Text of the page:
Five Fantastic Books That Will Help You Grow While You Stay at Home | Recommended Reading

Updated: Jan 24

Most of us suddenly have a TON of time on our hands. If you’re like me, you probably already have a stack of TBR’s sitting on the shelf. But, I’m about to introduce you to five more titles that I think are definitely worth checking out, especially if your goal is to focus on personal growth during this time.


1. The Subtle Art of Not Giving a F*ck by Mark Manson

Who should read this book?

Emerging adults, Millennials, Gen Z, Entrepreneurs, College Students, Anyone Looking for a Reality Check

Why I like it:

I'm a big fan of Mark Manson's blog and Instagram. The Subtle Are of Not Giving a F*ck takes all of that great content and brings it together in one place, then expands on it. He validated so many thoughts and beliefs I had expressed, but seemed unpopular in today's society. "Positive thinking is the way to a happy life." Uh, no. Mark and I both agree that "positivity" on it's own is useless in achieving real happiness, true joy.

It's defining your core set values and living according to them that will create a fulfilled life.

He points out that most people are living according to values that suck, and so comes shallow living, or discontentment, or resentment, etc etc.

Do you know what you value? Like, could you list your top 5 or 10 values in your life right now, in a list? No? Let's work on that.


2. Leaders Eat Last by Simon Sinek

Who should read this book?

Managers, Parents, Supervisors, Non-Profit Staff, Business Owners, Graduate Students, College Students, Entrepreneurs, Leadership Educators, Fundraisers

Why I like it:

My biggest takeaway from this book was the lesson of how vital trust is in a team. And while the book comes from a business perspective, it's easy to apply the lessons to any team - a staff, a family unit, a civic organization, a volunteer group, a student organization, etc. When leaders create an organizational culture of trust with a team, it's proven that the team will work harder, show loyalty, and be more fulfilled. Incentivization - whether rewards or reprimands - do not work as well as building a culture of trust.

Are you ready to take your team to the next level? Do you want to shift your organizational culture? Do you as an employer, leader, employee, or team member want to be more fulfilled in your role? This is a great place to explore those possibilities.


3. The Art of Gathering by Priya Parker

Who should read this book?

Literally everyone on the planet. Anyone who plans on being with two or more people for any purpose at any point in their lives.

Why I like it:

When 3 or more people come together for a common purpose, that is a gathering. Everything from dinner parties, to conferences, to funerals, to birthday celebrations, graduations, TV show watch parties, happy hours, to dog training classes - as humans we gather constantly. And yet so many of our gatherings are mediocre, or defined by some unwritten event formula, or fall short of expectations.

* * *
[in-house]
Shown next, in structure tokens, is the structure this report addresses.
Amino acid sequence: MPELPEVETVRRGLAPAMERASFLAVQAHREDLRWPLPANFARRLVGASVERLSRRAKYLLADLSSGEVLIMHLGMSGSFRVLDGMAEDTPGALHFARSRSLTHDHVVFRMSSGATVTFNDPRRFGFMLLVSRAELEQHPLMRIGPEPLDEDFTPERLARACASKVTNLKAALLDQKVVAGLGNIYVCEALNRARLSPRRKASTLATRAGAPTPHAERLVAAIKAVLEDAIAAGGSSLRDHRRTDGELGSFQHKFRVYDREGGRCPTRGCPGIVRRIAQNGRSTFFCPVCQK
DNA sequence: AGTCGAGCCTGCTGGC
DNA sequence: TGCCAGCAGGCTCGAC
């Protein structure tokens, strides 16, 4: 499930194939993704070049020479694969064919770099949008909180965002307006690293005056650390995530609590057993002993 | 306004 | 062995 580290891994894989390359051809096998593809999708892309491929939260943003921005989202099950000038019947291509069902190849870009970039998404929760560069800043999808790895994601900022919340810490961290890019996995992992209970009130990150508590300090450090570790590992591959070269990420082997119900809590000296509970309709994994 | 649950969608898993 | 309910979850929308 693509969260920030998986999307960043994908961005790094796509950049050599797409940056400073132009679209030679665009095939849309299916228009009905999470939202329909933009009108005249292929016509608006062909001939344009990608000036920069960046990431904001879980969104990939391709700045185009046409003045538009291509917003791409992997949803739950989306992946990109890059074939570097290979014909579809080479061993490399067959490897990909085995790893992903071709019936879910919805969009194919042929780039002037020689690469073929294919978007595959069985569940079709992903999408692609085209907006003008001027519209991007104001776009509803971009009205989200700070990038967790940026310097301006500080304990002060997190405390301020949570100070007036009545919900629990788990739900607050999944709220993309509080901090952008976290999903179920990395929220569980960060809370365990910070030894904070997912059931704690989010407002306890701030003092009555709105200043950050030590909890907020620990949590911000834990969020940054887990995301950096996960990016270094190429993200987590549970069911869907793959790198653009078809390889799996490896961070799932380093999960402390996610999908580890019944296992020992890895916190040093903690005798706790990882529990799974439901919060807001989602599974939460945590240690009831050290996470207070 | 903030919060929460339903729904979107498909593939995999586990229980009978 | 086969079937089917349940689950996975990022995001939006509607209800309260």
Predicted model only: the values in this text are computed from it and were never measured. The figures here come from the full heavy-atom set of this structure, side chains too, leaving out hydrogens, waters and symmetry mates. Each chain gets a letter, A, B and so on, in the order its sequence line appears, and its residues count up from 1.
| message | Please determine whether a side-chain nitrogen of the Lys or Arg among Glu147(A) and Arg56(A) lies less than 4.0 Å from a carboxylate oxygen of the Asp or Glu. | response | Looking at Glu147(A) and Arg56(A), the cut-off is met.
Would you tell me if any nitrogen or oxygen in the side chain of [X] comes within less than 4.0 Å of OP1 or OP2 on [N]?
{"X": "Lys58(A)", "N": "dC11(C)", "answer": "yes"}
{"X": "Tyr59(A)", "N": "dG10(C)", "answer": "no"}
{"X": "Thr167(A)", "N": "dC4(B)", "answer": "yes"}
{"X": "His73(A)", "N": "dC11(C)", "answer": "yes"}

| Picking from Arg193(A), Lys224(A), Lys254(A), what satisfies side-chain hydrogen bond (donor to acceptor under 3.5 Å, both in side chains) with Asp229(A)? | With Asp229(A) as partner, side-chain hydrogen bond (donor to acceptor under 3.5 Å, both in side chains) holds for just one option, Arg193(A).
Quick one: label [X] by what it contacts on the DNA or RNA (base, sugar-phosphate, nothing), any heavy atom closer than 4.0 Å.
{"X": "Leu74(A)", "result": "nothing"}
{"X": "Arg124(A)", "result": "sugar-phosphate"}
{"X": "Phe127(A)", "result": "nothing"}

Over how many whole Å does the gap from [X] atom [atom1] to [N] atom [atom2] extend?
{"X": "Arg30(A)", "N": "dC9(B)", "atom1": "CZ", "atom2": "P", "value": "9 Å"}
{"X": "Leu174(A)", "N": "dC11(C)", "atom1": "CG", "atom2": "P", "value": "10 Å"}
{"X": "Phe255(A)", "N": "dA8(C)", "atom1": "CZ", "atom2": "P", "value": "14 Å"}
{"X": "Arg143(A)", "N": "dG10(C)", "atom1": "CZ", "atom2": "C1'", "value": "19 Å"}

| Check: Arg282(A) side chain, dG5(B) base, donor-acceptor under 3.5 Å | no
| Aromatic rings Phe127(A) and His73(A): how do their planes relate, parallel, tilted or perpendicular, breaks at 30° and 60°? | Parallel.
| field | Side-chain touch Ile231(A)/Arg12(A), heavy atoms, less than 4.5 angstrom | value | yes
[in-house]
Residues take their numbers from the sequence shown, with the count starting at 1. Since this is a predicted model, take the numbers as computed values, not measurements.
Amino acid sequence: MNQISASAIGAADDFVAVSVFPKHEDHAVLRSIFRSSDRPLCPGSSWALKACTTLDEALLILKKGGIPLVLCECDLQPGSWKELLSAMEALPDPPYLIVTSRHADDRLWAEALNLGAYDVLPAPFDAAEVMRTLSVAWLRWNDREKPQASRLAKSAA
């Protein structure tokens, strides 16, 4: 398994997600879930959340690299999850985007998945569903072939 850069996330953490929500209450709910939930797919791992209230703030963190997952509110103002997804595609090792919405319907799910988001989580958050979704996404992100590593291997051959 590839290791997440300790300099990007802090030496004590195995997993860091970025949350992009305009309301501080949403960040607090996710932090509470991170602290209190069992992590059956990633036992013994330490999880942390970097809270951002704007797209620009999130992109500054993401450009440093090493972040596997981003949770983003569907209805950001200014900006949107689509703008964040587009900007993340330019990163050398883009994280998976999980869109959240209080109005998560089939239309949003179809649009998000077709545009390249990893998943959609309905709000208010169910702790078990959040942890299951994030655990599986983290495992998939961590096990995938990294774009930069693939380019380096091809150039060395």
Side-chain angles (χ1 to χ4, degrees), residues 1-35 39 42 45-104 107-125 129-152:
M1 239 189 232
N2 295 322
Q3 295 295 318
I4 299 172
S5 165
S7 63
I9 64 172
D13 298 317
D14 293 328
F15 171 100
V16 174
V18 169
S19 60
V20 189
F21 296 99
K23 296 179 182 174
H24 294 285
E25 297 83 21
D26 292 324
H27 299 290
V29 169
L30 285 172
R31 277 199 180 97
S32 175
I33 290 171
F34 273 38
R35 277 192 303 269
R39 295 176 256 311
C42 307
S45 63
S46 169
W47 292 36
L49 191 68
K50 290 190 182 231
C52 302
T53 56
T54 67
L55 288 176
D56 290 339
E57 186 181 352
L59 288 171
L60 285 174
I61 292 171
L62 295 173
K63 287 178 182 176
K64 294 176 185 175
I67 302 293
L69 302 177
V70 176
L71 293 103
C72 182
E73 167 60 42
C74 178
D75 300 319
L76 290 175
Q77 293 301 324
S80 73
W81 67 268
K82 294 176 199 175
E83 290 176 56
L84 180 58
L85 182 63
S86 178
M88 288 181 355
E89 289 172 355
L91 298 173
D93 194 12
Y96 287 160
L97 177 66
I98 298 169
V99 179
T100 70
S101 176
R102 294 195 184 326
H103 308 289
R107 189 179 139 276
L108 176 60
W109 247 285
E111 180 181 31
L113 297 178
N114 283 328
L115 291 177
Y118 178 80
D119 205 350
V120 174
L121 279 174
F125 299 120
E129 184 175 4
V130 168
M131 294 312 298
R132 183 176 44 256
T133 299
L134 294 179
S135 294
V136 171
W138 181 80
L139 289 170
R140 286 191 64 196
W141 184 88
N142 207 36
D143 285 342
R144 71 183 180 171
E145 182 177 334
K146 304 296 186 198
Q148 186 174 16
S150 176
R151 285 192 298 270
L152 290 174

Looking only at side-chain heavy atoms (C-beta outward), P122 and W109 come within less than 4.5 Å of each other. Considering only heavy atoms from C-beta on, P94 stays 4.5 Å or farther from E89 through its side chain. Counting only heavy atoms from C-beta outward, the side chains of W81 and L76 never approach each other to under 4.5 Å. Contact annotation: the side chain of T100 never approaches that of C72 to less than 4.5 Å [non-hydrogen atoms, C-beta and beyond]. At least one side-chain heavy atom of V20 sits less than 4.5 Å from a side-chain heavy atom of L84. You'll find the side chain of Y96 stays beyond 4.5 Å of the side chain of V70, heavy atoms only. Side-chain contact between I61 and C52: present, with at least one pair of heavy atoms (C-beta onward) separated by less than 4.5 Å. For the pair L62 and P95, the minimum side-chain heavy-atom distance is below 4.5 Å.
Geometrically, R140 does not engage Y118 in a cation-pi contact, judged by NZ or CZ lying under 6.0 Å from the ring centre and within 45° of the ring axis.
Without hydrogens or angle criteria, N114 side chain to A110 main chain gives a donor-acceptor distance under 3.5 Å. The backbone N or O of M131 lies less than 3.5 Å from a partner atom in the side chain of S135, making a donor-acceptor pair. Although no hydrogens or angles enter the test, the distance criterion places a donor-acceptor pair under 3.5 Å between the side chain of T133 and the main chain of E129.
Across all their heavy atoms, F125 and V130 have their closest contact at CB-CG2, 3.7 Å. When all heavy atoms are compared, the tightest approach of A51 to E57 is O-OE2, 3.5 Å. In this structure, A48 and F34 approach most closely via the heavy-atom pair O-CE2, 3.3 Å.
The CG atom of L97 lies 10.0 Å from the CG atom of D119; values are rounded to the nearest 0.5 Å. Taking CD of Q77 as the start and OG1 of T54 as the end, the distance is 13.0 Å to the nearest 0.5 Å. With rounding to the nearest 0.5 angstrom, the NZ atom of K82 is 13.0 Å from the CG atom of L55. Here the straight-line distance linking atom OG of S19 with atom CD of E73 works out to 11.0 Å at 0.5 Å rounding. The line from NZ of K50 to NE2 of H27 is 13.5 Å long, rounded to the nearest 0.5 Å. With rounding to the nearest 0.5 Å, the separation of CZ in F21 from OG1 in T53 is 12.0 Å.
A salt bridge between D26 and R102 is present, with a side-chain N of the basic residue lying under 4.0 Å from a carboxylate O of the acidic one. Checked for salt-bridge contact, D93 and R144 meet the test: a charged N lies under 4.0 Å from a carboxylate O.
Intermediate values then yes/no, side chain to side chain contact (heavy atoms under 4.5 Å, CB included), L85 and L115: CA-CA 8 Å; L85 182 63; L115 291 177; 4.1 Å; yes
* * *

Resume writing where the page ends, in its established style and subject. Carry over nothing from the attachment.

Priya brilliantly talks about how we can easily improve any and every gathering we host or are part of. This book has been a game changer for me as an event manager, a people manager, a speaker, and a person who loves to host and entertain. It has also influenced the way I think about interacting with people in my everyday life.

Are you looking for a book that can transform your way of thinking? Do you want to easily and brilliantly be the best host or group leader people know? Are you willing to rethink what society has taught you about what certain events are "supposed" to look like? Are you planning on being with two or more people for the same purpose at any point in your future? Then you absolutely need this book.


4. Strengths Based Leadership by Barrie Conchie & Tom Rath

Who should read this book?

Students, Educators, Parents, Significant Others/Spouses, Business Owners, Civic Organizations, Non-Profits, Leadership Groups. Anyone looking for increased self-awareness.

Why I like it:

This book isn't a "normal" book in that it is actually a companion to the StrengthsQuest program. The majority of the book dives into each of the 34 Clifton Strengths. Each book comes with a unique code which is used to take an online assessment. This personal inventory assessment (a higher level "personality test") is my absolute favorite of all the personal inventories I have worked with. I firmly believe in many of the tenants of StrengthsQuest including:

We should learn about and focus on developing our strengths rather than our weaknesses. No matter how much you work on them, it will always take you twice as much time and effort to get half the results when working in an area of weakness. So instead, use half the time and energy and get twice the results from focusing on your strengths

All characteristics can be strengths as they manifest differently in different people.

People don't change. but through experiences and learning more about themselves, they become more of who they already had the capacity to be.

One of the most popular interview questions is "tell about your strengths and weaknesses." Do you have a clear, succinct answer to that question? Do you have the language around your strengths to be able to truly understand and explain them? Do you want to take your personal and professional development to the next level? This is the program for you!


5. Social Excellence: We Dare You by Jessica Gendron Williams, Josh Orendi, and Matthew Mattson